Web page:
Alpha 981 > Item Display (de-DE)

Levitation becomes a reality


One day we may not only see, hear and touch devices, but also feel the objects shown on them at the tip of our fingers. Thanks to levitation, 3D items will be created using floating pixels

Levitation is an old dream of humankind. For centuries, magicians gave audiences the illusion of defying gravity, seemingly making objects of people float into the air. Now European scientists are turning this into reality.

Researchers at the University of Glasgow, UK, have managed to suspend little polystyrene particles in mid-air, supported only by ultrasonic acoustic waves. This is levitation. The technology may lead to new kinds of displays to command machines and hence revolutionise human-machine interactions. Data, for example, will not appear anymore on a flat screen, but become physical levitating objects, rising before us in mid-air; and, with simple, intuitive gestures, people could work on them.

“If I was working on a model of a car, instead of having it of clay, I could have that model created in front of me, with multiple little pixels in space, marking out the surface of the car. For example, I could make gestures to change the way the headlights work,” explains Stephen Brewster, Professor of Human-Computer Interactions at the University of Glasgow.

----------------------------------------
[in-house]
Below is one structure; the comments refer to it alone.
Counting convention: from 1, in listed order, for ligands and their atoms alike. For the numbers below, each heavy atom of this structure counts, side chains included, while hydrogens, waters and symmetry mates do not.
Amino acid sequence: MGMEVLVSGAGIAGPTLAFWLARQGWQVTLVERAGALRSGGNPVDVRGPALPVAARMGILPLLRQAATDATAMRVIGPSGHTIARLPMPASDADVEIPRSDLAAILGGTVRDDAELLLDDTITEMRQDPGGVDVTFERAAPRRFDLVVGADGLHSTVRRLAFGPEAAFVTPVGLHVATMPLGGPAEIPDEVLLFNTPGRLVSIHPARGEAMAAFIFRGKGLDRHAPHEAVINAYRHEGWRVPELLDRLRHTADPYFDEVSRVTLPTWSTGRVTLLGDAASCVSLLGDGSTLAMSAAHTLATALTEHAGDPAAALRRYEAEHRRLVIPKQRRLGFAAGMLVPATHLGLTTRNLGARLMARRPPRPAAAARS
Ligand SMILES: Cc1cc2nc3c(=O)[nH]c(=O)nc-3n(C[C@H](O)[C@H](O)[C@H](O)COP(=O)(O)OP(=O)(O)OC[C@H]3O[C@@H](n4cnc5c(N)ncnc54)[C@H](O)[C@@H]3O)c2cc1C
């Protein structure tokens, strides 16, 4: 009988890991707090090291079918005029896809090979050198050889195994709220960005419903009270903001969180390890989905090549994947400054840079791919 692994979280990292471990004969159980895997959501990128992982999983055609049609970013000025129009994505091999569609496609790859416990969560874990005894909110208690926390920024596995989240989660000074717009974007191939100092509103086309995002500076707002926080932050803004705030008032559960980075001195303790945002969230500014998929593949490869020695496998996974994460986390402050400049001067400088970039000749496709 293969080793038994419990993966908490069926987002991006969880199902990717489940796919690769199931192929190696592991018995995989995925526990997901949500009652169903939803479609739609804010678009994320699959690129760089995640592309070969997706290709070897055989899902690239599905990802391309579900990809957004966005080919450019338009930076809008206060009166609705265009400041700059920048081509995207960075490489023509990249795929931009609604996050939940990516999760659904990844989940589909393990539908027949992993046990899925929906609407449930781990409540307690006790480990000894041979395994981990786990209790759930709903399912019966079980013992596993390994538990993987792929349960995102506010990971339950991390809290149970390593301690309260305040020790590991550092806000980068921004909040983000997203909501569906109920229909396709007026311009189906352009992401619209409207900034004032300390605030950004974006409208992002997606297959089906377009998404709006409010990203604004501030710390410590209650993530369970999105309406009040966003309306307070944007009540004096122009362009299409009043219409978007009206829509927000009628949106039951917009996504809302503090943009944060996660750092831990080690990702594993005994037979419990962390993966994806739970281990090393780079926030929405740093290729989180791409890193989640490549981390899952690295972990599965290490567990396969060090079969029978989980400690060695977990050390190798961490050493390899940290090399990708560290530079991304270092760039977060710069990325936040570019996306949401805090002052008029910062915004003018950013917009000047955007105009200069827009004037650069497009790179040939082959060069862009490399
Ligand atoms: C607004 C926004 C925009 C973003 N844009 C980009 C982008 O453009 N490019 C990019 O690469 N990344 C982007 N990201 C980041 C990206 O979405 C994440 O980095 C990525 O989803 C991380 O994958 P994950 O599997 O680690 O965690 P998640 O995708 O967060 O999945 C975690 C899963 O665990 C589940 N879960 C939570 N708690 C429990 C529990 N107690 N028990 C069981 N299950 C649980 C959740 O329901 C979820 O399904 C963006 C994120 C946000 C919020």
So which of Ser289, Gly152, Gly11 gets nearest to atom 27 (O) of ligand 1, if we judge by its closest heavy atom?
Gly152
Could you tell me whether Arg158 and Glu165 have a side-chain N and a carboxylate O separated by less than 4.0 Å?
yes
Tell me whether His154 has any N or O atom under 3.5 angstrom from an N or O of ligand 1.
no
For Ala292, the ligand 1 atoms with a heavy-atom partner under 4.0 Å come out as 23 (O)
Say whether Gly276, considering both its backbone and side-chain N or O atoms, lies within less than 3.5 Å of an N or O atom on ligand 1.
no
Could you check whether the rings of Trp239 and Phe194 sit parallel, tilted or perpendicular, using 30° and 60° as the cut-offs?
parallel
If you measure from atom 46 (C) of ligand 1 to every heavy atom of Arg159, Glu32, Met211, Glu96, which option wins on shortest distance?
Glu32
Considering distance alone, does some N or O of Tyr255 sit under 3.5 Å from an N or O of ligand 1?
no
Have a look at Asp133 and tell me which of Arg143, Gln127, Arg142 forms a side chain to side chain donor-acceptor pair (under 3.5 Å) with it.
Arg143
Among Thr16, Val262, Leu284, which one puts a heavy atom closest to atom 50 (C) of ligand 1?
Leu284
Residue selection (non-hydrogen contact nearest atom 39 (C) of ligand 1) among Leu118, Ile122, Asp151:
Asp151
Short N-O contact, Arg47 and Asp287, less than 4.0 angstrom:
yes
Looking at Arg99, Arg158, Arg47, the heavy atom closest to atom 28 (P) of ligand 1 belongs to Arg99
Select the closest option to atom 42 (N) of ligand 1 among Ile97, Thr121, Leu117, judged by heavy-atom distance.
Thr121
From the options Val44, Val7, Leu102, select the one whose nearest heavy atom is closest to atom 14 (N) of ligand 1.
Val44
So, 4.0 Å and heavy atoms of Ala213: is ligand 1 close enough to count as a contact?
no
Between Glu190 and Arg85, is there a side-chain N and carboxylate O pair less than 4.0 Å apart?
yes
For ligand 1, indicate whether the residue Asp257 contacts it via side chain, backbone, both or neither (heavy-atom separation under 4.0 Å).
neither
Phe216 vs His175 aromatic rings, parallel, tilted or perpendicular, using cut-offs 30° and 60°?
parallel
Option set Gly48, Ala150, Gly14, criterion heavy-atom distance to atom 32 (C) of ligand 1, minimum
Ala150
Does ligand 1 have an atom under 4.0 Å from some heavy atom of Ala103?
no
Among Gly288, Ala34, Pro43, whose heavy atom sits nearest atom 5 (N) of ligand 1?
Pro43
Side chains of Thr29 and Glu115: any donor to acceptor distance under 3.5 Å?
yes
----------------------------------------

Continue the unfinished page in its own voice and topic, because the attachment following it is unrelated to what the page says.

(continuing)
Or take a music player with a levitating play button. The user would only need to tap a finger in the air to turn the music on or off.

The study runs under the EU project Levitate, supported by the European Future and Emerging Technologies programme (FET).

Watch the video here:
Angehängte Dokumente
  • 04.JPG
Regions: Europe, Belgium, United Kingdom
Keywords: Applied science, Engineering, Technology, Science, Physics


We have used AlphaGalileo since its foundation but frankly we need it more than ever now to ensure our research news is heard across Europe, Asia and North America. As one of the UK’s leading research universities we want to continue to work with other outstanding researchers in Europe. AlphaGalileo helps us to continue to bring our research story to them and the rest of the world.
Peter Dunn, Director of Press and Media Relations at the University of Warwick
AlphaGalileo has helped us more than double our reach at SciDev.Net. The service has enabled our journalists around the world to reach the mainstream media with articles about the impact of science on people in low- and middle-income countries, leading to big increases in the number of SciDev.Net articles that have been republished.
Ben Deighton, SciDevNet
AlphaGalileo is a great source of global research news. I use it regularly.
Robert Lee Hotz, LA Times

Wir arbeiten eng zusammen mit...

  • BBC
  • The Times
  • National Geographic
  • The University of Edinburgh
  • University of Cambridge
Copyright 2021 by DNN Corp Terms Of Use Privacy Statement